Due to the non-violent nature of white-collar crimes, many people are not aware of the penalties if a person is convicted of such crimes. White-collar crime are often federal offenses that impose heavy penalties.
If you or a loved one is charged with a white-collar crime, it is important to understand what you are up against. There are a few key aspects to such crimes and the court process.
White collar crimes cover a few different types of financial offenses. Some of the most common include:
- Money Laundering
- Bank fraud
- Identity theft
In general, charges that involve taking or utilizing other parties' funds without their consent fall under a white-collar financial crime.
The party suffering from the financial loss may bring a civil claim against the offending individual. Even if the party does not press charges, the offending party may not be in the clear, because the Government also has the option to bring charges against the offender. In either instance, the Government argues the case and must prove the guilt of the accused.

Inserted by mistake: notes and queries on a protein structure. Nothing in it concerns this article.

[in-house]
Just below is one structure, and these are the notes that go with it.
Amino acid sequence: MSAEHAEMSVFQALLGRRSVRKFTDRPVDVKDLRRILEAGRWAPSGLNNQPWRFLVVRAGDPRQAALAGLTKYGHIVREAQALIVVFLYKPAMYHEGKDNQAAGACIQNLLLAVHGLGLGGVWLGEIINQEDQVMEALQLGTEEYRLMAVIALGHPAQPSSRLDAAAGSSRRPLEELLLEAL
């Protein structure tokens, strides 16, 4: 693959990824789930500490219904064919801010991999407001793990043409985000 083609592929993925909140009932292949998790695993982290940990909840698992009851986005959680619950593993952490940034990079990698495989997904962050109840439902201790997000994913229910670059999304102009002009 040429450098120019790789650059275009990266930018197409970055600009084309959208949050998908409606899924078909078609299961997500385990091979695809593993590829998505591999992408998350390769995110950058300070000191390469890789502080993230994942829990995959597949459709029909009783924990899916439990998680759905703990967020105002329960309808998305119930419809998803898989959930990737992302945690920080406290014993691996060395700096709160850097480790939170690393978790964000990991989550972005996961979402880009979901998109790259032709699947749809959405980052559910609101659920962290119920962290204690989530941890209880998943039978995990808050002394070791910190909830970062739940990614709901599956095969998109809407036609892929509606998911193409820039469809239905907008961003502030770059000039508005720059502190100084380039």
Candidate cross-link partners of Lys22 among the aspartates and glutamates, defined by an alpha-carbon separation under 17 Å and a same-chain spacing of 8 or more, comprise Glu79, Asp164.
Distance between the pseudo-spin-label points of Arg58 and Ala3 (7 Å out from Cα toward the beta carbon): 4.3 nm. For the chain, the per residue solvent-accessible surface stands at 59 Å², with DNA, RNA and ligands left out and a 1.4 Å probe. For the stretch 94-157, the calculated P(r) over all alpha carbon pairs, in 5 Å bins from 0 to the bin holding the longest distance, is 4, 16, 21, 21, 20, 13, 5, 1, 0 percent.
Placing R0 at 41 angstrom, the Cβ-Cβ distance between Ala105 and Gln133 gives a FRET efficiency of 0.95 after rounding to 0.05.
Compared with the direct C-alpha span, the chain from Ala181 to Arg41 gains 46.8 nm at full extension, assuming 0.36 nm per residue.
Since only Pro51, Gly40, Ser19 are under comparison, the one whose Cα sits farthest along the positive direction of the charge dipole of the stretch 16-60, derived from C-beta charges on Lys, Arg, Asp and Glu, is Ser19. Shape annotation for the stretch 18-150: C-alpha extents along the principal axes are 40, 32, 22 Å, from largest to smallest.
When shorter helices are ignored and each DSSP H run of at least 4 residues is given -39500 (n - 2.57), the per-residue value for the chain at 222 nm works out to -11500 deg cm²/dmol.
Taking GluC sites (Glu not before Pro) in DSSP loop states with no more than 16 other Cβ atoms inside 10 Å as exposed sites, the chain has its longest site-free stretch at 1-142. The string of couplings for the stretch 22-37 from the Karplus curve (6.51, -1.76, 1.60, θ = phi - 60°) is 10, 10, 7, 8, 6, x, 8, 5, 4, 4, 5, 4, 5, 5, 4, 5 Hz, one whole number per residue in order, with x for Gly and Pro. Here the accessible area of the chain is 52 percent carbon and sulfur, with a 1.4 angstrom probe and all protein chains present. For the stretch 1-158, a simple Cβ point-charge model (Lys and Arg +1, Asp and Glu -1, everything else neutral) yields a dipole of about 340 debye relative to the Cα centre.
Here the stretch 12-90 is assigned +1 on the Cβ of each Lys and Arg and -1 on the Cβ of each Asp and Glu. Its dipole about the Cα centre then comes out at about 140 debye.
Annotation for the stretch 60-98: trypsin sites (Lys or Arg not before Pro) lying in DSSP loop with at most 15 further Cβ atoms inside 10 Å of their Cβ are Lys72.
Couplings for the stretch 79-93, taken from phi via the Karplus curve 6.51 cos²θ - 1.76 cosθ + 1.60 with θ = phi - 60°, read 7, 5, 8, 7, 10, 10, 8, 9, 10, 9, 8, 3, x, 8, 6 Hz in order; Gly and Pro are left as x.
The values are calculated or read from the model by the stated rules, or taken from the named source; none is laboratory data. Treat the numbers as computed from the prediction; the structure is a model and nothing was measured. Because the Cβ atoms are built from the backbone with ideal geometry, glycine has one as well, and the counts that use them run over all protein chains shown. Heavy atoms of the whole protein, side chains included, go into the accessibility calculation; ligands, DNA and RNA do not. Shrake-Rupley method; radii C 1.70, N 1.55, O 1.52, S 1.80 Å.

Along with having to pay restitution for the funds that the guilty party unlawfully took, the defendant also faces additional punishment. According to the law, those who receive a white-collar conviction may face penalties such as:
- Prison time
- House arrest
- Community confinement
The courts usually reserve such punishment for cases involving large amounts of money. It is also important to note that there are certain misdemeanor charges that may carry a smaller fine and little or no jail time.
These are a few of the main aspects of a white-collar case. There is, however, more information to understand. Reviewing the law is necessary to gain a full understanding of how it may affect your particular situation.